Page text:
Germany owes Europe a stable government, top SPD boss says

Germany owes Europe a stable government, top SPD boss says
Social Democratic Party (SPD) member Olaf Scholz arrives at the board meeting at the party headquarters in Berlin, Germany, November 27, 2017. REUTERS/Axel Schmidt
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BERLIN (Reuters) – A senior Social Democrat (SPD) politician said Germany needed a stable government able to play a leadership role in the European Union, in the clearest signal yet that the party would open coalition talks with Chancellor Angela Merkel’s conservatives.

In an interview late on Thursday, Hamburg mayor Olaf Scholz, who is the center-left party’s deputy chair, said Germany had a responsibility to Europe to form a stable government and urged colleagues not to clutter negotiations with unhelpful red lines.

“Germany needs a stable government because it’s the biggest country in the European Union,” he said.

The SPD, bruised by its disastrous showing in September’s national election, when voters deserted it after four years in coalition with Merkel, had originally planned to go into opposition.

But after Merkel failed to assemble an alternative three-way coalition, senior SPD leaders have concluded they have a responsibility to govern and are attempting to convince reluctant party members to give their consent.

The party’s leadership was meeting on Friday morning to discuss an invitation from Merkel’s conservative camp to enter coalition talks, with party leader Martin Schulz expected to give an answer in the early afternoon.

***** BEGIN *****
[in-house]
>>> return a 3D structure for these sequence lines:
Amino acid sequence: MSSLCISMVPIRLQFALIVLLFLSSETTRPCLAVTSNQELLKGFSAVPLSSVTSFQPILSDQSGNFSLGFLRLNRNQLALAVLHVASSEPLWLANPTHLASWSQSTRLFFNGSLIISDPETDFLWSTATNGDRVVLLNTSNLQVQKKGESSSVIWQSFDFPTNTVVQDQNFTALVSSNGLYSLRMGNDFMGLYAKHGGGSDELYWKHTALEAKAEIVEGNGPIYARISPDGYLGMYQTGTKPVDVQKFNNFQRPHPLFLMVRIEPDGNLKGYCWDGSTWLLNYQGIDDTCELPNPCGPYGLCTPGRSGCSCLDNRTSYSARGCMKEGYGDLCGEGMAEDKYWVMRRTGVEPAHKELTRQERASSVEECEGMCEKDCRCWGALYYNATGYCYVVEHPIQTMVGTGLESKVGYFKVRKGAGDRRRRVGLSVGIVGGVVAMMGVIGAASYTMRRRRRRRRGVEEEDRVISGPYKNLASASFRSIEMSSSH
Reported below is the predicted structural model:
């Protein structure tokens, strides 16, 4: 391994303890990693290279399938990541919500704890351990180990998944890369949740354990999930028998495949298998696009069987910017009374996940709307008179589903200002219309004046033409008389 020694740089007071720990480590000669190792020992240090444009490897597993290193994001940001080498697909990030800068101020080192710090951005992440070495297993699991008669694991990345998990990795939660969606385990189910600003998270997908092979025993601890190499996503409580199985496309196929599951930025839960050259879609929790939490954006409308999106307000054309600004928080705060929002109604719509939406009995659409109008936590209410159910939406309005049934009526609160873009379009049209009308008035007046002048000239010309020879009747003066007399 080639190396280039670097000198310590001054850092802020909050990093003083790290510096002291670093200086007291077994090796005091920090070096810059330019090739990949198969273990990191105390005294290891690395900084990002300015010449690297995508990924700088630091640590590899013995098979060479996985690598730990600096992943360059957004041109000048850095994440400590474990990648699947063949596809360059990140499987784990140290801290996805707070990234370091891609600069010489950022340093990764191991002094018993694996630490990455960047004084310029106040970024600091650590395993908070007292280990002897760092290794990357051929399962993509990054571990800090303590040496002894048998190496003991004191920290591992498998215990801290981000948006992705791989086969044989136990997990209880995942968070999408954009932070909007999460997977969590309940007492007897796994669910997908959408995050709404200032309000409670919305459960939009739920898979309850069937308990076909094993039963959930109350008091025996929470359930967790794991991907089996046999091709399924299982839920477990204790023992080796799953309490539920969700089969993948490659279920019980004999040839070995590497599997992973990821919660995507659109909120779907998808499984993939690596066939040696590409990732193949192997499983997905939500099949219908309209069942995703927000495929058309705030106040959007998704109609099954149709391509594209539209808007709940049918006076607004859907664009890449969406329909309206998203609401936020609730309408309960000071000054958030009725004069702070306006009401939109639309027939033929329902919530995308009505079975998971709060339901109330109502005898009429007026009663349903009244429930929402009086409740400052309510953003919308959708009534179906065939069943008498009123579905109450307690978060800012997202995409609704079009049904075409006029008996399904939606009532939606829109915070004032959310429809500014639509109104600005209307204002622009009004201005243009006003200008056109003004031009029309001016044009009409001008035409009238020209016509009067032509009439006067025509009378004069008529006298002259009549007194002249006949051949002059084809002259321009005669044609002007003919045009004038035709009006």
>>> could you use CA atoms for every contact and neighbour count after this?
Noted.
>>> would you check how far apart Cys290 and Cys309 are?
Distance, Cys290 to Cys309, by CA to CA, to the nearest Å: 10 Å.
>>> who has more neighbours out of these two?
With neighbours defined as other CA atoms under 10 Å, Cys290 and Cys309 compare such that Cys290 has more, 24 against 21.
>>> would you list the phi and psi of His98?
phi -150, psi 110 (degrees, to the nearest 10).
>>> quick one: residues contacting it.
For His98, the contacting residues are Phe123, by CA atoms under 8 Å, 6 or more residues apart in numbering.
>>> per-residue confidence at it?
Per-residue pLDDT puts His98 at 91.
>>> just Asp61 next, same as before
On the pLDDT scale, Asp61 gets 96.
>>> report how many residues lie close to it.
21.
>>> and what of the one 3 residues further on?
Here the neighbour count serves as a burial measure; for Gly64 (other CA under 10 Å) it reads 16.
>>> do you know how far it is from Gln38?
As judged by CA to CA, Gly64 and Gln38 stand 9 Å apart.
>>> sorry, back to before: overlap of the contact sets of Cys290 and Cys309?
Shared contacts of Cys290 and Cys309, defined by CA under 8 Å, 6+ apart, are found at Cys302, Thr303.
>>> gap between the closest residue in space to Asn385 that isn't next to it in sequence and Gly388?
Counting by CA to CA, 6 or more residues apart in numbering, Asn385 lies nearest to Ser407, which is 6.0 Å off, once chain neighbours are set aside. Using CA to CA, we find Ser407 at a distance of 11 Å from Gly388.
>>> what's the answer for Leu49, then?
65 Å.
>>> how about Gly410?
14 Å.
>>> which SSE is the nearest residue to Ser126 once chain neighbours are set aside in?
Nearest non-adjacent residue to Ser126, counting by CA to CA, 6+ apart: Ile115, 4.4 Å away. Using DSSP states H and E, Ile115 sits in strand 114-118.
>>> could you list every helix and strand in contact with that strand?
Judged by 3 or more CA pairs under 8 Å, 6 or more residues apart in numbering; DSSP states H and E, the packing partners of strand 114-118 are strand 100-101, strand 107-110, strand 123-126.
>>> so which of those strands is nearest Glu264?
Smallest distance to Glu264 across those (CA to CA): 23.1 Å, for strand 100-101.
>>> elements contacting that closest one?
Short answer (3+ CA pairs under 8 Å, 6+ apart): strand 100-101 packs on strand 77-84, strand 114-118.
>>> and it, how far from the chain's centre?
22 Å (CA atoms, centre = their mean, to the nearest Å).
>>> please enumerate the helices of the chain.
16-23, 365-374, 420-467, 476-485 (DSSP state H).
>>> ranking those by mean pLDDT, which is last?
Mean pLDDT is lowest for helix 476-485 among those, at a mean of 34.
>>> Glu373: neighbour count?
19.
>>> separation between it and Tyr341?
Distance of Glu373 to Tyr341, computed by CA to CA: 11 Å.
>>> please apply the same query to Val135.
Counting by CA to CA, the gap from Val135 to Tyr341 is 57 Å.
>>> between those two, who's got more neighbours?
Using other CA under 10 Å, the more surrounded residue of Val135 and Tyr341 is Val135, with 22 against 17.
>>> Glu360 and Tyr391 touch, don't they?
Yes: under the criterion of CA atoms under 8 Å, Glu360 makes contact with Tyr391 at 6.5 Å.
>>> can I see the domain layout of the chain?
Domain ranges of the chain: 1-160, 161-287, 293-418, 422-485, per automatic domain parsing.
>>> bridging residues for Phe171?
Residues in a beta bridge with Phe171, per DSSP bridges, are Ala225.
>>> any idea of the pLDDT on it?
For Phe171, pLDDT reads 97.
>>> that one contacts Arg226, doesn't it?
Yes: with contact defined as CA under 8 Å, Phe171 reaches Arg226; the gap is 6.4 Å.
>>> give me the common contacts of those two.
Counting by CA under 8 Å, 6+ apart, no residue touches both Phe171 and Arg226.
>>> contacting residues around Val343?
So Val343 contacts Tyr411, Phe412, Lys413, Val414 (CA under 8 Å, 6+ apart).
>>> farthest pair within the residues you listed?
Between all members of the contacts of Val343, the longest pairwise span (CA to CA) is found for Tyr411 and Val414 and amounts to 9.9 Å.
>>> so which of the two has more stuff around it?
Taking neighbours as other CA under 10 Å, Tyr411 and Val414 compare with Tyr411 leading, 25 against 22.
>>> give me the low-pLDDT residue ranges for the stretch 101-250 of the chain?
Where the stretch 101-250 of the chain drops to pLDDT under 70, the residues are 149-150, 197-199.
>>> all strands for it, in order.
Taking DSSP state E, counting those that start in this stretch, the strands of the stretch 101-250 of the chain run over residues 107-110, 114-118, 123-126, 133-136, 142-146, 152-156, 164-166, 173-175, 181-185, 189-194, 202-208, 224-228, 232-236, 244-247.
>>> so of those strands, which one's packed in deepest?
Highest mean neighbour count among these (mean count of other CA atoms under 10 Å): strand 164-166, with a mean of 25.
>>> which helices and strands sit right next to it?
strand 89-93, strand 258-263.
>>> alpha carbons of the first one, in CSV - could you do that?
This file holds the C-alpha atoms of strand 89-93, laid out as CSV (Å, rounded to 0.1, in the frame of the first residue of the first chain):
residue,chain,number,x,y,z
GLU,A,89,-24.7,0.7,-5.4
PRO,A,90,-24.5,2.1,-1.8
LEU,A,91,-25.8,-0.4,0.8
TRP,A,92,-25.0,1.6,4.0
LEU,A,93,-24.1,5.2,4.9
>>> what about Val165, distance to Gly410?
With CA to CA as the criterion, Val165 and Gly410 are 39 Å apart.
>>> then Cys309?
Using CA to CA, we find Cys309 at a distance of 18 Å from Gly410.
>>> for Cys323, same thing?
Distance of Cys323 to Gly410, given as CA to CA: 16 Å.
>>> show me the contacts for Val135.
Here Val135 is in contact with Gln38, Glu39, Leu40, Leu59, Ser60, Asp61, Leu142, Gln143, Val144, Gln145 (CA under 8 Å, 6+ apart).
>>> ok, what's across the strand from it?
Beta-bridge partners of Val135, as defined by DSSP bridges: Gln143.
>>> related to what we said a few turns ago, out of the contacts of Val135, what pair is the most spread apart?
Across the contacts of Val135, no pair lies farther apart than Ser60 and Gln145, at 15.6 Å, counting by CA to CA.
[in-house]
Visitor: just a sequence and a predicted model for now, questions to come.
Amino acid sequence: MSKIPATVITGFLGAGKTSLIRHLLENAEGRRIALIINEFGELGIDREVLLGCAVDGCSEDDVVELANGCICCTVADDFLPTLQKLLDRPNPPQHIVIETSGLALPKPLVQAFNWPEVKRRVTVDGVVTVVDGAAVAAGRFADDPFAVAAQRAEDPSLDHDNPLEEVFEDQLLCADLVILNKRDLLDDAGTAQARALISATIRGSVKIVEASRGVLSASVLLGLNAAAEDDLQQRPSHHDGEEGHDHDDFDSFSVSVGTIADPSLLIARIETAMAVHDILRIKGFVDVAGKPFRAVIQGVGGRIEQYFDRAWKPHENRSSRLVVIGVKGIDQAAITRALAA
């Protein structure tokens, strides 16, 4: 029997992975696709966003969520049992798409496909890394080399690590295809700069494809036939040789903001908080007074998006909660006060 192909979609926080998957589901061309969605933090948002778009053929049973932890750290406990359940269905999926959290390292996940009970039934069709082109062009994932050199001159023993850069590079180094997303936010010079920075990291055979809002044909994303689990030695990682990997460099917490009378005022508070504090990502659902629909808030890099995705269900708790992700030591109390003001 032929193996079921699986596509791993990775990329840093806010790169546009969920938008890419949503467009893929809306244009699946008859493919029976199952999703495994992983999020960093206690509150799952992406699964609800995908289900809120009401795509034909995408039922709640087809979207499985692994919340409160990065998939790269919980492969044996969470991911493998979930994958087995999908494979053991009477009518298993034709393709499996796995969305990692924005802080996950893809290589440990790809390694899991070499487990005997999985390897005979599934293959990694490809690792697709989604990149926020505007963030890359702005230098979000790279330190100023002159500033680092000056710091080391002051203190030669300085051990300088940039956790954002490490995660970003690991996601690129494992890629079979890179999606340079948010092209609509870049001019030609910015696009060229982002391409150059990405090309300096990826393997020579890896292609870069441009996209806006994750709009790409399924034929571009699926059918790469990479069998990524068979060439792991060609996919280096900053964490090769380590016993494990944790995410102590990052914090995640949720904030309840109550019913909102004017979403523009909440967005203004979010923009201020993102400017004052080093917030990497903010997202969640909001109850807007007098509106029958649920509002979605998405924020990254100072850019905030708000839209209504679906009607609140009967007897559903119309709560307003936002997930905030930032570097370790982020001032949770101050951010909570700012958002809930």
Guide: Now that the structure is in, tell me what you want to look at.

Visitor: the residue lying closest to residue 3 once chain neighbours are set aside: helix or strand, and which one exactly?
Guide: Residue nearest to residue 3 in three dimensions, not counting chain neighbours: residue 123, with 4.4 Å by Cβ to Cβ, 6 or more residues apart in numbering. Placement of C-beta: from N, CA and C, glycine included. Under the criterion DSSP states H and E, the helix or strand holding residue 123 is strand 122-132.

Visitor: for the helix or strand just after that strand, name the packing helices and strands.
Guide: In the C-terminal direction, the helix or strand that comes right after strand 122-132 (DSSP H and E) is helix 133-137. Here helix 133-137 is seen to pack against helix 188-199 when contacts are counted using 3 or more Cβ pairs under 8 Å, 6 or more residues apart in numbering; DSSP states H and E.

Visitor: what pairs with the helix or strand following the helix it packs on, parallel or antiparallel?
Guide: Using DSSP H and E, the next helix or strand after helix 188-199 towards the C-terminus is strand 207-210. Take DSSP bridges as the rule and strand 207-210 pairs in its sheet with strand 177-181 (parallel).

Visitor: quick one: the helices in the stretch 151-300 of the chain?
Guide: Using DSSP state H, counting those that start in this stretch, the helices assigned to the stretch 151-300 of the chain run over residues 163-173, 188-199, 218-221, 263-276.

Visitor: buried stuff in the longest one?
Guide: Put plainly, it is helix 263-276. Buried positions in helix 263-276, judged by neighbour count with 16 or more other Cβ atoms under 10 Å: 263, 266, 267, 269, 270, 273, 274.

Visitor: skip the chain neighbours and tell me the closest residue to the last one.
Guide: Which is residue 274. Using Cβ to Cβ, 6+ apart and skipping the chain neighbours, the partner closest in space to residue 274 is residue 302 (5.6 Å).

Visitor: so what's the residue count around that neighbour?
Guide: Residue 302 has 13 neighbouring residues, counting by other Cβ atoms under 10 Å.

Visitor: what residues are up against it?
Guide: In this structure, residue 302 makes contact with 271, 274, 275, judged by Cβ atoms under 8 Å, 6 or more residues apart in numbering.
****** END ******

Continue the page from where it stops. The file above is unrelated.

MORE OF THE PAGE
For Merkel, winning over the SPD is her only realistic chance of securing a fourth term in office, meaning many in the SPD hope to sell the about-face to members by implementing a raft of popular worker-friendly measures.

But while Scholz told public broadcaster NDR that the party needed to push signature themes like employment and education, it should avoid hampering negotiations by setting down red lines.

“I don’t think much of red lines: they mean that instead of talking to each other, you’re just sending each other messages. That’s not negotiation,” he said.

In some areas, notably migration policy, the SPD will struggle to achieve concessions. While the SPD wants to retain the right for successful asylum seekers to bring their families, Merkel’s arch-conservative Bavarian allies, fearing defeat in regional elections next year, are equally adamant that it should be scrapped.

A poll for ARD television showed that 61 percent of voters would support a renewed “grand coalition” between the conservatives and the SPD.

Any agreement to help form a new government could fall short of a formal coalition. Many in the SPD advocate various forms of minority government or ad hoc governing contract would better preserve the SPD’s identity among disillusioned core voters.

(Reporting By Thomas Escritt, Editing by William Maclean)

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